Launch SyncroPatch 384i

Launch of the SyncroPatch 384i

On June 21st 2019 we launched the SyncroPatch 384i – a giga-ohm seal HTS automated patch clamp platform based on the newly introduced and state-of-the art Biomek i5 liquid handler. It provides effortless ion channel screening coupled with unmatched flexibility, ease-of-use and reliability. The SyncroPatch 384i builds on the success of the SyncroPatch 384PE, which has been globally established as the preferred automated patch clamp workhorse in Pharma, Biotech, CRO and academia.

Read the Press Release here.

SyncroPatch 384i Movie

The SyncroPatch 384i is ideal for all of your ion channel screening projects, regardless of whether you are working on complex biophysical properties in an academic lab, or drug screening in industry. Now large compound screens on ion channels are no problem. Watch the video here. 

SyncroPatch 384i Brochure

Fifteen years ago we introduced our first automated patch clamp system. Over the years both our portfolio and technology have constantly improved. We have listened to the needs of our customers in order to offer the best possible innovative instruments for APC and beyond.  Read the brochure here

SyncroPatch 384i Webpage

The new SyncroPatch 384i builds on the success of the SyncroPatch 384PE. Now we further improved flexibility, ease-of-use and reliability. Learn about the benefits and new features of the SyncroPatch 384/768i. Visit our product page here.
User Meeting, Nano Innovation Award, Diversity

2019 Nano Innovation Award

Nanion Technologies congratulates the winners of the Nano Innovation Awards: Thomas Hümmer (Ludwig-Maximilians-Universität München) & Sabrina Thomä (University of Bayreuth) who received the €9,000 Bavarian-wide prize.
Nanion Technologies is proud to be an annual sponsor of the Nano Innovation Awards.
Read more here.

Three new Instrument Launches in September

September will be busy: We are launching three new instruments! 
One new instrument is the FLEXcyte 96 (an add-on of the CardioExcyte 96) which analyzes the contraction force of iPSC-derived cardio-myocytes on flexible membranes.
The new FLEXcyte 96 product page was published recently.
Visit the FLEXcyte product page here.

Latest Publications

SyncroPatch 384PE:
Chemical Synthesis, Proper Folding, Nav Channel Selectivity Profile and Analgesic Properties of the Spider Peptide Phlotoxin 1.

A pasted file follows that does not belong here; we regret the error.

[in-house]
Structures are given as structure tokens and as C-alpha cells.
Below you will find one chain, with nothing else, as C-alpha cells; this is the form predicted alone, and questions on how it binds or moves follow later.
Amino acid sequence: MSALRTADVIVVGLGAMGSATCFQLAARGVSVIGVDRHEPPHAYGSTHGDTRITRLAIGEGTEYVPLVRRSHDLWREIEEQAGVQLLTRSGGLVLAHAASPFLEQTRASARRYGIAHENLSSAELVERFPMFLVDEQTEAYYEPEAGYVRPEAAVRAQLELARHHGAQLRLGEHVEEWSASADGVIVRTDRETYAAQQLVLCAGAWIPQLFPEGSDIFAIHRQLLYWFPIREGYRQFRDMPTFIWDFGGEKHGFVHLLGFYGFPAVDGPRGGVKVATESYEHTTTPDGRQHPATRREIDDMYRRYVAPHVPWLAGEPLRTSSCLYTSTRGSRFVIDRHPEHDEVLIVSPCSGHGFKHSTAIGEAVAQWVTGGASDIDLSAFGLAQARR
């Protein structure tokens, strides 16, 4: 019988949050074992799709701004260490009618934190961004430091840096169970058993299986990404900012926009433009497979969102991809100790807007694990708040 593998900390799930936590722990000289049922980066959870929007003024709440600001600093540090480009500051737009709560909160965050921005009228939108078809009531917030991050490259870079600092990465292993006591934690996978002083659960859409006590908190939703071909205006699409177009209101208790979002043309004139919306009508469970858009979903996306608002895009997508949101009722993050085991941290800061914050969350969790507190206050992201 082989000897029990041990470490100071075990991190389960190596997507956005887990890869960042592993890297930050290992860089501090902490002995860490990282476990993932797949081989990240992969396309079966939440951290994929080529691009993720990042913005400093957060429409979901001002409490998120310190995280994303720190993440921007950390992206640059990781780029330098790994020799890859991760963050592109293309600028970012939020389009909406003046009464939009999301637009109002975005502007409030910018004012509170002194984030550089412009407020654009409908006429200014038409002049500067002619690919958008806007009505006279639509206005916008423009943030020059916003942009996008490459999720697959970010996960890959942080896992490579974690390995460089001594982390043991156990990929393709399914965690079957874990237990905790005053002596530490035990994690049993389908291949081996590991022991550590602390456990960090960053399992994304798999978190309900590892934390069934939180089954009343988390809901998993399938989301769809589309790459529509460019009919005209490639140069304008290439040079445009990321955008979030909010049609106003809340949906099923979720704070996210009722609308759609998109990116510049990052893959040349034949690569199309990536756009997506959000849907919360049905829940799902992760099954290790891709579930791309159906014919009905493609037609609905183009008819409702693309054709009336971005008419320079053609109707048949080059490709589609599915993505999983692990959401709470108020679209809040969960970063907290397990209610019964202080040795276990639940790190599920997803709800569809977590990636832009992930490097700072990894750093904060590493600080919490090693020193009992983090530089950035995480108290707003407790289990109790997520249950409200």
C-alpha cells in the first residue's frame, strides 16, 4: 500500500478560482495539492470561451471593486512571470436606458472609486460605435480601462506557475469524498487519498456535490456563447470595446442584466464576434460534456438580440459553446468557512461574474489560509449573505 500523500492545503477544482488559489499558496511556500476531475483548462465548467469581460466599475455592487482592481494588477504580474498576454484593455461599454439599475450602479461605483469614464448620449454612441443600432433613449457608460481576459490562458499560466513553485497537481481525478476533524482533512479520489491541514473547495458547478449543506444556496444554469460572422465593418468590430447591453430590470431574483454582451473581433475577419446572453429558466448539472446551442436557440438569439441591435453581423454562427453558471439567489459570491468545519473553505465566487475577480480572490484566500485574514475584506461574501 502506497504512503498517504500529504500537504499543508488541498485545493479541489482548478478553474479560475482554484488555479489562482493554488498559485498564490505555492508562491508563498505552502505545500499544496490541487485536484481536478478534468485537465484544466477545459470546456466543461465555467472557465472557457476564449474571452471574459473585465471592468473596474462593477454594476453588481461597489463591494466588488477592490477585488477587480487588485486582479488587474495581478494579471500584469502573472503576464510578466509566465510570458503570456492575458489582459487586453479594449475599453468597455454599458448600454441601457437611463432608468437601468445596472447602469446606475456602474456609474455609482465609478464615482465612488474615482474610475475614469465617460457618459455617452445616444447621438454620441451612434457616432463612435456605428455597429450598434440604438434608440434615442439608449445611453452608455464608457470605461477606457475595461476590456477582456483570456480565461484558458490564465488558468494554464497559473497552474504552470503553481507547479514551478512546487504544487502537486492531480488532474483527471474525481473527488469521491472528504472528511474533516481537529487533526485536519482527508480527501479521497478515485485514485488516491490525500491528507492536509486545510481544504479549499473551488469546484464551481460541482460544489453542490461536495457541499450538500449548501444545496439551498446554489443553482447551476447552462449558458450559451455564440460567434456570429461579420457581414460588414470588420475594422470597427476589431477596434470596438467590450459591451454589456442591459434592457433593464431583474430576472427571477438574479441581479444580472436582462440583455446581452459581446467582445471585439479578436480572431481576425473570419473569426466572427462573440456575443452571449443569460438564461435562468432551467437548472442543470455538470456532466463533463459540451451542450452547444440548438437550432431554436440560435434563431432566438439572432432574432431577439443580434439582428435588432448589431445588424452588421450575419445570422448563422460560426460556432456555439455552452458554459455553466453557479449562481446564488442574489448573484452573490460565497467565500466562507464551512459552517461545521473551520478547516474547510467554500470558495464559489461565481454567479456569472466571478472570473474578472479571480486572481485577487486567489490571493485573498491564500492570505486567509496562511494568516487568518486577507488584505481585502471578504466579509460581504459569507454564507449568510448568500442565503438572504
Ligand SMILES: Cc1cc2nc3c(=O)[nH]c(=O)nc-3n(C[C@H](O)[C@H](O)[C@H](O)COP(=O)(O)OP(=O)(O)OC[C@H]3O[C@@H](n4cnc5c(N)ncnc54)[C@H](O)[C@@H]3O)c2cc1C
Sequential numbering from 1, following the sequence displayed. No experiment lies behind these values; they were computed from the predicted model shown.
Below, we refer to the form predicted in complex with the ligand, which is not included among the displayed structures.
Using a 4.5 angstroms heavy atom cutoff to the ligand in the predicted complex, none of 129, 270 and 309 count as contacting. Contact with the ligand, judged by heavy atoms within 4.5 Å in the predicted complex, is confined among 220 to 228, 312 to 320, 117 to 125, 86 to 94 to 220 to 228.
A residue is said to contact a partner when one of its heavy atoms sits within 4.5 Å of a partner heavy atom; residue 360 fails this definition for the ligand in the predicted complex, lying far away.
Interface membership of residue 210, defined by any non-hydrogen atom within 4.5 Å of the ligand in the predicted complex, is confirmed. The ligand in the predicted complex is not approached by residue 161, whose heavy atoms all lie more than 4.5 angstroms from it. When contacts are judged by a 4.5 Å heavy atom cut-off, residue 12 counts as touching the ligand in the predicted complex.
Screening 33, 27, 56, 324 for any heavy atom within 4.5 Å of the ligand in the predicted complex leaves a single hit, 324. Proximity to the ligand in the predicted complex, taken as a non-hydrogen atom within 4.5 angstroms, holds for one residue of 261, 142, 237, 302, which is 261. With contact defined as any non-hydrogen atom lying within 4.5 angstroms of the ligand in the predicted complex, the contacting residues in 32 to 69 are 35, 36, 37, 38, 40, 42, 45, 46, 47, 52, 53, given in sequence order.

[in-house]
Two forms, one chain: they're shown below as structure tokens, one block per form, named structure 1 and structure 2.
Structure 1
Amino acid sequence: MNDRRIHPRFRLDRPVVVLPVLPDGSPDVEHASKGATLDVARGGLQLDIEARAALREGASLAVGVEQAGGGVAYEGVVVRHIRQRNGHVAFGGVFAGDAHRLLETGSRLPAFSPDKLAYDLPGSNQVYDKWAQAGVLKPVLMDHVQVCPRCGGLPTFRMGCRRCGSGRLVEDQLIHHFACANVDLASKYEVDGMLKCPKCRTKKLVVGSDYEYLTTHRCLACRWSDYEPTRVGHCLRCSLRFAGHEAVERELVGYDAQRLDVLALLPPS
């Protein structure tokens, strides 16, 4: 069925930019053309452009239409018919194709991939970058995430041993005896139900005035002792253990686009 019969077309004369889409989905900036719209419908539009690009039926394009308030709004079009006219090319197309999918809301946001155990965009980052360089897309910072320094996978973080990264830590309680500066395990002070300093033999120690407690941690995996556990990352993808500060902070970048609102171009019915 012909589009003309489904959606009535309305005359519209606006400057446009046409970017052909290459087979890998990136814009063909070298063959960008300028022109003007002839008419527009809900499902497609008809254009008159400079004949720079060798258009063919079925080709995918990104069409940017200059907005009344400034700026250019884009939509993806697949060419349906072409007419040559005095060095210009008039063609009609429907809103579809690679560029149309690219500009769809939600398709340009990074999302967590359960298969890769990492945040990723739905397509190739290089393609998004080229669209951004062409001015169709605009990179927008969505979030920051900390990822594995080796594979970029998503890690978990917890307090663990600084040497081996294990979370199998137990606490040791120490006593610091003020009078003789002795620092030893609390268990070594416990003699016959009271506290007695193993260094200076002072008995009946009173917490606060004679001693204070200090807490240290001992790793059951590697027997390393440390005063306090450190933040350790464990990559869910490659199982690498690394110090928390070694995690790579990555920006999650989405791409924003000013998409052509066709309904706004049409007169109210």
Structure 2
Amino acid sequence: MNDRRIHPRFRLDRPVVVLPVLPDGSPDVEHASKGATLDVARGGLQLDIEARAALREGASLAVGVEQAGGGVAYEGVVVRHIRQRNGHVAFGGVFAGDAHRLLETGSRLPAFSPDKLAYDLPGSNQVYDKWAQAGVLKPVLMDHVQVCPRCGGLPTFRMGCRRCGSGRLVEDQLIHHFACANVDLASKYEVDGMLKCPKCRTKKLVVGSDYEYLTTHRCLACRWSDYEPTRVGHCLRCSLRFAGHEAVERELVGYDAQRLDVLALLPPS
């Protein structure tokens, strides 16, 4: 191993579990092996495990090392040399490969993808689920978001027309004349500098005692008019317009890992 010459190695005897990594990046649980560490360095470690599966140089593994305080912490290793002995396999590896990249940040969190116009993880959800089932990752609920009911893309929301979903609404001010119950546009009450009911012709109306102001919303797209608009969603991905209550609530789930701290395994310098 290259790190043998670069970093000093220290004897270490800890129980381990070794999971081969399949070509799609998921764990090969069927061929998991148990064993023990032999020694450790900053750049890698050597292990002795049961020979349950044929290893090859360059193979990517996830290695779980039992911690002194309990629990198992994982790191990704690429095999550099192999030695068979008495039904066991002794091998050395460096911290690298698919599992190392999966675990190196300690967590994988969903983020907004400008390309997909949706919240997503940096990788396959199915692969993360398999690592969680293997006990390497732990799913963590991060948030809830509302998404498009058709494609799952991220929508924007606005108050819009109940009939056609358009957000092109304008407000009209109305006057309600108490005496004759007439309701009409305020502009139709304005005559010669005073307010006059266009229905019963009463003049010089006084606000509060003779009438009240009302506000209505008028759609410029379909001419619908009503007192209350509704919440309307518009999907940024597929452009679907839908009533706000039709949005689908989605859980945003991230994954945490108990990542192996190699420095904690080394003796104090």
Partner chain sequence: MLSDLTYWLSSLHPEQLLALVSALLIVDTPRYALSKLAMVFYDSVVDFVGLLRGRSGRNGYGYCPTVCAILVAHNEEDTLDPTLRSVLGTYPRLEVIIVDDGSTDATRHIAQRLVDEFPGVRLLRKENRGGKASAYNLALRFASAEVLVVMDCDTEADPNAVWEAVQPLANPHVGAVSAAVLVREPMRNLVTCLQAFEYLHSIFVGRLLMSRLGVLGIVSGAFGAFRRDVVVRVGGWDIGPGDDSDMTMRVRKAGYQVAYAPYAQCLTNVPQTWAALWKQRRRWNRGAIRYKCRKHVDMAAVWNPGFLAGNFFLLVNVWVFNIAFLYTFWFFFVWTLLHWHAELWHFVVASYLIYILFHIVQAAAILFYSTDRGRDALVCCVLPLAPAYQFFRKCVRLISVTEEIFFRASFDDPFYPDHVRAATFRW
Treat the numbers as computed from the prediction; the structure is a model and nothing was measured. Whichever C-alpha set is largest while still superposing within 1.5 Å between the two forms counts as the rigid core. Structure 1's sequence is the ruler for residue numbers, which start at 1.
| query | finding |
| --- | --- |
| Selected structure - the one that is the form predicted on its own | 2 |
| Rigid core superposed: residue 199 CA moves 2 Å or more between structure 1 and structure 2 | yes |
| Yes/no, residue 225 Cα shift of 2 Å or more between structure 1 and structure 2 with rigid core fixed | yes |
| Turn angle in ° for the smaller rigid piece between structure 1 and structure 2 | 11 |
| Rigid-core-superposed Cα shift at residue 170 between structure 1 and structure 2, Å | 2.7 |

Nicolas S. et al., Toxins (2019) - Download here.

SyncroPatch 384PE:
Predicting Functional Effects of Missense Variants in Voltage-Gated Sodium and Calcium Channels.
Heyne H.O. et al., bioRxiv (2019) - Download here.

SyncroPatch 384PE:
Functional consequences of a KCNT1 variant associated with status dystonicus and early‐onset infantile encephalopathys.
Gertler T.S. et al., (2019) Annals of Clinical and Translational Neurology - Download here.

SyncroPatch 384PE:
In vitro and in vivo characterization of a synthetic scorpion toxin AmmTx3, a potent inhibitor of cardiac voltage-gated potassium channel Kv4.2.
Nicolas S. et al., (2019) Archives of Cardiovascular Diseases Supplements - Download here.

Control of Lysosomal TRPML1 Channel Activity and Exosome Release by Acid Ceramidase in Mouse Podocytes.
Li G. et al., (2019) American Journal of Physiology Cell Physiology - Download here.

CardioExcyte 96:
Transcriptomic profiling reveals p53 as a key regulator of doxorubicin-induced cardiotoxicity.
McSweeney K.M. et al., (2019) Cell Death Discovery - Download here.

Orbit 16:
A comparison of ion channel current blockades caused by individual poly(ethylene glycol) molecules and polyoxometalate nanoclusters.
Wang H. et al., (2019) The European Physical Journal E - Download here.

Orbit mini:
Arg-8 of yeast subunit e contributes to the stability of F-ATP synthase dimersand to the generation of the full-conductance megachannel.
Guo L. et al., (2019) Journal of Biological Chemistry - Download here.

Vesicle Prep Pro:
Linker length in fluorophore–cholesterol conjugates directs phase selectivity and cellular localisation in GUVs and live cells.
O' Connor D. et al., (2019) RSC Advances - Download here.

Vesicle Prep Pro:
Cellular uptake of self-assembled phytantriol-based hexosomes is independent of major endocytic machineries.
Rodrigues L. et al., (2019) Journal of Colloid Interface Science - Download here.

10th User Meeting Munich

Welcome to our Annual User Meeting 2019. It will be held in October 17. - 18 in Munich at the headquarters of Nanion.
You are cordially invited to join us! We are expecting approximately 80 attendees from industry and academia.
The User Meeting includes a symposium, a poster presentation session and an instrument demonstration.
Visit our registration page here.